Escape to Perdition by James Silvester

Escape to Perdition

I am extremely grateful to Matthew Smith at Urbane Publications for a copy of ‘Escape to Perdition’ by James Silvester in return for an honest review.

In modern day Prague, the intrigues and machinations of the past and the Velvet Revolution still reverberate. As reunification between the Czech and Slovak republics looks increasingly likely, it is difficult to know whom to trust and just who is in charge. Peter Lowe is equally as duplicitous as those controlling him and as his missions become increasingly difficult and personal, his own life starts to spiral from his control.

Initially I wasn’t sure I was going to like ‘Escape to Perdition’ as I found tuning in to the unfamiliar political setting took a couple of chapters. I wanted to research names and details to see what was based in fact and what was fiction. However, James Silvester writes with a skill that draws in the reader and it soon didn’t matter where fact and fiction were blurred because what I had in front of me was excellent storytelling.

The plot is scarily plausible and disturbing, with twists that leave the reader reeling right up to the end when the title of the novel finally becomes fully clear. Having recently visited Prague, I wish I’d read ‘Escape to Perdition’ first to give me an added layer of perspective and I enjoyed picturing some of the settings used that are so evocatively presented. I also think James Silvester has incredible skill in portraying the rawness of emotion for his characters.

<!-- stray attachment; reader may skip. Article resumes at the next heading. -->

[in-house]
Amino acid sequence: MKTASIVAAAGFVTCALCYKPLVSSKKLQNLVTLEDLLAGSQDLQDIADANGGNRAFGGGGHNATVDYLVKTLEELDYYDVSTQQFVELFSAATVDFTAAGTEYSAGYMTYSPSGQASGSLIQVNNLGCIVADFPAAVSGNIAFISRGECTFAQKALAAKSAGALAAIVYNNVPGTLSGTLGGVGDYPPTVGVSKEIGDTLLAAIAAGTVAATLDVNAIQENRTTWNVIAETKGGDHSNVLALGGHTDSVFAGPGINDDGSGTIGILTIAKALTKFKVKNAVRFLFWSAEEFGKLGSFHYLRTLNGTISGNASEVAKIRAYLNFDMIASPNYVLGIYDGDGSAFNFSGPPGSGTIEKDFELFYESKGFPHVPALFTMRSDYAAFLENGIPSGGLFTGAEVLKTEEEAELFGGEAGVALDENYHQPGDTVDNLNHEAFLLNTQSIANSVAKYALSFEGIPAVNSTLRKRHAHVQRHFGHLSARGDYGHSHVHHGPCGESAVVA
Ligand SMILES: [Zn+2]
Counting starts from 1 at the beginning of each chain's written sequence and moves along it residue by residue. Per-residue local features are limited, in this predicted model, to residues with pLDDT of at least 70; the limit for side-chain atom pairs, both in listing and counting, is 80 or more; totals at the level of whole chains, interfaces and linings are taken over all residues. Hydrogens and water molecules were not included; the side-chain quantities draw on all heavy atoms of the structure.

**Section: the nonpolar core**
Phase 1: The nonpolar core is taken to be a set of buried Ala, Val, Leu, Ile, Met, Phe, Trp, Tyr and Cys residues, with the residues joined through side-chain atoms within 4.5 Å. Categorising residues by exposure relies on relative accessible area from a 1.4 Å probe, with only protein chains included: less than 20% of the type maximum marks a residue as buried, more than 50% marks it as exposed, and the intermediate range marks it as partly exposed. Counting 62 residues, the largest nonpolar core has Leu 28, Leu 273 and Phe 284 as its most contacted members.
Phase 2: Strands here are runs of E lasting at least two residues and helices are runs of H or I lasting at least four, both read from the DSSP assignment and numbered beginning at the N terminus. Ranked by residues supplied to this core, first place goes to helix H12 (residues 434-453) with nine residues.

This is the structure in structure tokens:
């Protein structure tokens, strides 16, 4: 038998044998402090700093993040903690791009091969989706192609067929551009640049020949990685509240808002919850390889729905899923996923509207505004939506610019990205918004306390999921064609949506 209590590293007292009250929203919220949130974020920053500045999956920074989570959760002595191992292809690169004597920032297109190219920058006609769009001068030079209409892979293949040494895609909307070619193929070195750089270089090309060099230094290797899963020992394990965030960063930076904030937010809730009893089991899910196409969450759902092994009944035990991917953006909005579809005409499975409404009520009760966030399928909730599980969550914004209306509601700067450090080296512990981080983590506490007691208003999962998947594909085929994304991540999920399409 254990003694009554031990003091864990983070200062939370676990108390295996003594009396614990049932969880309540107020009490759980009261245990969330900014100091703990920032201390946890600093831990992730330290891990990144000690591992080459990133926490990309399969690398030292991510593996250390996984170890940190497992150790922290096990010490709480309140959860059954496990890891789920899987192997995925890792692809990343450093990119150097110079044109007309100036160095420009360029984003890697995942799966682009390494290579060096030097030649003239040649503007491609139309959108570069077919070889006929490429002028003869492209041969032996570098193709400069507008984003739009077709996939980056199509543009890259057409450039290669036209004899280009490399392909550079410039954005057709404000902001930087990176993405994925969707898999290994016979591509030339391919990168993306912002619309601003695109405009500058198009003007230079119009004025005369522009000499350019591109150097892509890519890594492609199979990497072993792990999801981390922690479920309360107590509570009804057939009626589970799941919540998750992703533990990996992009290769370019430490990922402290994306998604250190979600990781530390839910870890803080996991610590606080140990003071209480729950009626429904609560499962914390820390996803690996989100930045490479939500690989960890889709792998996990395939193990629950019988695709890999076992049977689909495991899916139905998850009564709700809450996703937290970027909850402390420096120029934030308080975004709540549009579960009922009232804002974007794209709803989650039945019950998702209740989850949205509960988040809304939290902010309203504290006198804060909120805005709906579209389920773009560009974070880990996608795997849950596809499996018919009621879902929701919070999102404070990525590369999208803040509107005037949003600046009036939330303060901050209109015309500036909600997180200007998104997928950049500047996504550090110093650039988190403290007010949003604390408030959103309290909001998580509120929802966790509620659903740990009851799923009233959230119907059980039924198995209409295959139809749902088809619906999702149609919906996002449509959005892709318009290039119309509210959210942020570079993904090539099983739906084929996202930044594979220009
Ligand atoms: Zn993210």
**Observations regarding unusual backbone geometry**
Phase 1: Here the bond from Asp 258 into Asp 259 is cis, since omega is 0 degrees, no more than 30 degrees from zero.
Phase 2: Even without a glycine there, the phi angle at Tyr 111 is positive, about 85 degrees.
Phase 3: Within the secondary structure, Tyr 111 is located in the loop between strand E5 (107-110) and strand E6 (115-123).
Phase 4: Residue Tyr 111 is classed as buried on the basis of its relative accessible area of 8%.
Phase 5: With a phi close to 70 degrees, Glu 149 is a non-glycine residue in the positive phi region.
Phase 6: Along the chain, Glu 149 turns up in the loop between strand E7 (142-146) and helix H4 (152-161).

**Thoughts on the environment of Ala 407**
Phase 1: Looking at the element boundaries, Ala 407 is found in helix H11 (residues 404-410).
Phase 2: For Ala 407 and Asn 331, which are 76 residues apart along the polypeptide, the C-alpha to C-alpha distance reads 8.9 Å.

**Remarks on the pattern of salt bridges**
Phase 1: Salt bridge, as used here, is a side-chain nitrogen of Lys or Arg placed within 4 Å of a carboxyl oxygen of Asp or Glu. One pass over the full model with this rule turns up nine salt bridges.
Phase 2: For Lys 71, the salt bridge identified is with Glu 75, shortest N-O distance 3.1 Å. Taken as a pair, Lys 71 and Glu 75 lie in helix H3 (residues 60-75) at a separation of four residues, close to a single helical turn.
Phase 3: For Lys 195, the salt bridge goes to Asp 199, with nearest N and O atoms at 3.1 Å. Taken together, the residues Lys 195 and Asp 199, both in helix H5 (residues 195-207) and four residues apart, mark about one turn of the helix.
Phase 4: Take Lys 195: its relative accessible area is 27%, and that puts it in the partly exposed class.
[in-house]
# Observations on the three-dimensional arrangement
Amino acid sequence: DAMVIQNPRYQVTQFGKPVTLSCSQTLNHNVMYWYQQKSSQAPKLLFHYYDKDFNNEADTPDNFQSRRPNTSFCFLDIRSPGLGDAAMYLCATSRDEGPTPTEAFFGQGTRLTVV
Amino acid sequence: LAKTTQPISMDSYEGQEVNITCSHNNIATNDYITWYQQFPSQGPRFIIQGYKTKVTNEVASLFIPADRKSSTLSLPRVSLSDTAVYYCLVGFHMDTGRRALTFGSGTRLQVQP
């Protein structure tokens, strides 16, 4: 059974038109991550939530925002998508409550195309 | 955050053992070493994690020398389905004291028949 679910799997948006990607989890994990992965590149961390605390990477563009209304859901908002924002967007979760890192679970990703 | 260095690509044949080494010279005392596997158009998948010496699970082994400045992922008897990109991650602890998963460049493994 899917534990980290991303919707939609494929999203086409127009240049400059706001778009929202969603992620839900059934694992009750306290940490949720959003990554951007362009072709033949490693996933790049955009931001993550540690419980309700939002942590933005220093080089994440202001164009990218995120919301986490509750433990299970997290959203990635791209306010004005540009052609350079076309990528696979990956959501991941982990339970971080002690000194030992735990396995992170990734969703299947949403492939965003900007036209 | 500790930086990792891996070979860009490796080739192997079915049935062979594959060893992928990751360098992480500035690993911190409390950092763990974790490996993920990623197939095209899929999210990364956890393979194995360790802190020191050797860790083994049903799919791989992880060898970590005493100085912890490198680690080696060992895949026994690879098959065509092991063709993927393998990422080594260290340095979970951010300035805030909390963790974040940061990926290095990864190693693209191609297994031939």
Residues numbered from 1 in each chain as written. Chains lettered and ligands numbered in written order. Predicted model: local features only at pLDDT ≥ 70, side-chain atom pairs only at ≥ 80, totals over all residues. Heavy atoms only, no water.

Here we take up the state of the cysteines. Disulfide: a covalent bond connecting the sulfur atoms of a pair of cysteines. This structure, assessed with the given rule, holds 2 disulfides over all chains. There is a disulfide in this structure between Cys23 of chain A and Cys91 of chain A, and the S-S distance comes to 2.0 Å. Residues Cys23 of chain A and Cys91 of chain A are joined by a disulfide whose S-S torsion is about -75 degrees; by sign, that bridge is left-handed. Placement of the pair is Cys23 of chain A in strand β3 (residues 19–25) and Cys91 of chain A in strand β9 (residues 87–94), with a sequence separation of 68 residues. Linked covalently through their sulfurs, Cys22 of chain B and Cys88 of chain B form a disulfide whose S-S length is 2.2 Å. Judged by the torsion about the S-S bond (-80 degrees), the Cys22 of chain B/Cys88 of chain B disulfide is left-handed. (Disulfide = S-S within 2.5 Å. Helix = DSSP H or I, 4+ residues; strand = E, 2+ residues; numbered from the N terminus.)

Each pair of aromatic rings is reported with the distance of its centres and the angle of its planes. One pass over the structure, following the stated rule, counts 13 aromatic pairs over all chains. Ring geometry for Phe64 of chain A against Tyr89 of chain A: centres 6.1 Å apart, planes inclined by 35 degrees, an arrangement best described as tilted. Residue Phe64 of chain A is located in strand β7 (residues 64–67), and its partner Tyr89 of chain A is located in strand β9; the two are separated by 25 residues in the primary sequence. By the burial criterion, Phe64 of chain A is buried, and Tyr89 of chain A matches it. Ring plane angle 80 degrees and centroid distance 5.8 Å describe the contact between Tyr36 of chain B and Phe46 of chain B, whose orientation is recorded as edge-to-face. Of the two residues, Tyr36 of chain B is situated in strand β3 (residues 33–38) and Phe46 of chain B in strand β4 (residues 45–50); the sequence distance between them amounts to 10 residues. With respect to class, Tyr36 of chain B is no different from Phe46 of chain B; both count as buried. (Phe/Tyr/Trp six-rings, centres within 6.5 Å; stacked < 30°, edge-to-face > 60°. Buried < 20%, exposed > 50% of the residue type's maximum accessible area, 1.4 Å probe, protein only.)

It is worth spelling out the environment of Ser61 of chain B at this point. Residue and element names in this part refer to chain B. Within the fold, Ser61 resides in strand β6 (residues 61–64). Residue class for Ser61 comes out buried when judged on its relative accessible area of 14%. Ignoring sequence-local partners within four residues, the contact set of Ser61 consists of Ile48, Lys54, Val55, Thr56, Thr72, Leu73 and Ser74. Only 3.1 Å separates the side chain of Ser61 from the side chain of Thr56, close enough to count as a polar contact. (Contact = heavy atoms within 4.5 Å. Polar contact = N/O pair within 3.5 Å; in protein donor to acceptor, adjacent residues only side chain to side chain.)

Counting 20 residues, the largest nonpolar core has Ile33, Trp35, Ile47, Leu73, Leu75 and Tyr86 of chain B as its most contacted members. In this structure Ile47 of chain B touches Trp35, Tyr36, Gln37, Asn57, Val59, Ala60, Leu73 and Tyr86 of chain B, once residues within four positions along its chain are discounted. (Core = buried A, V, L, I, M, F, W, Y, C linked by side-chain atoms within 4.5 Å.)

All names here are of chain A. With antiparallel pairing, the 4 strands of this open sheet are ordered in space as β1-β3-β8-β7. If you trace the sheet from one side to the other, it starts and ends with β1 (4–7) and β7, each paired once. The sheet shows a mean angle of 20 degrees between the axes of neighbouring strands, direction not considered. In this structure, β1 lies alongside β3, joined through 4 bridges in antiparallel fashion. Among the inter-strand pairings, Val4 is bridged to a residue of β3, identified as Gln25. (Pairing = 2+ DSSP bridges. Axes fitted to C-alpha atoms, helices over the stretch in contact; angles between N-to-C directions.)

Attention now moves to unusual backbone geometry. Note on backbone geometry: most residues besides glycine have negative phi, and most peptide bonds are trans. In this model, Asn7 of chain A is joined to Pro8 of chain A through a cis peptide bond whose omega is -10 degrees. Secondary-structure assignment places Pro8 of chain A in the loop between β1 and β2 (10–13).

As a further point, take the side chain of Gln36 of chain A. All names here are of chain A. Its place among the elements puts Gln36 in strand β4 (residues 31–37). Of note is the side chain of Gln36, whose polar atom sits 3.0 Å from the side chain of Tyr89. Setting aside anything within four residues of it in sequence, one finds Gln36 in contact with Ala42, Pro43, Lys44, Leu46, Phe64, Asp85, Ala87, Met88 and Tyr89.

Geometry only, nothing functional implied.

With Peter Lowe as a murderous political puppet, he initially seems little more than a drunk rueing his past, but as the narrative progresses the reader begins to feel he is a man ‘more sinned against than sinning’ and to empathise with him as someone of deep emotions and complexities. Without spoiling the plot, I was reduced to tears by Peter’s role towards the end of the novel.

Although I’m not sure if I enjoyed ‘Escape to Perdition’ as its themes are too true to life in dealing with love and hate, loyalty and betrayal, guilt and redemption so that I found it quite disturbing and unsettling, I also found it a totally absorbing read. At times I felt almost complicit in actions I wouldn’t like to be part of and this is down to the clever intensity of the writing. However, I’m so glad I’ve read it, even if it has caused me to question the balance of power in modern day Europe and to wonder what may really be going on behind the scenes.

Readers who enjoy intelligently written, tautly plotted and disturbingly executed political thrillers will love ‘Escape to Perdition’ and may well find themselves affected by it as did I.

‘Escape to Perdition’ is available on Amazon in both paperback and e-book editions

It can also be obtained direct from the publisher

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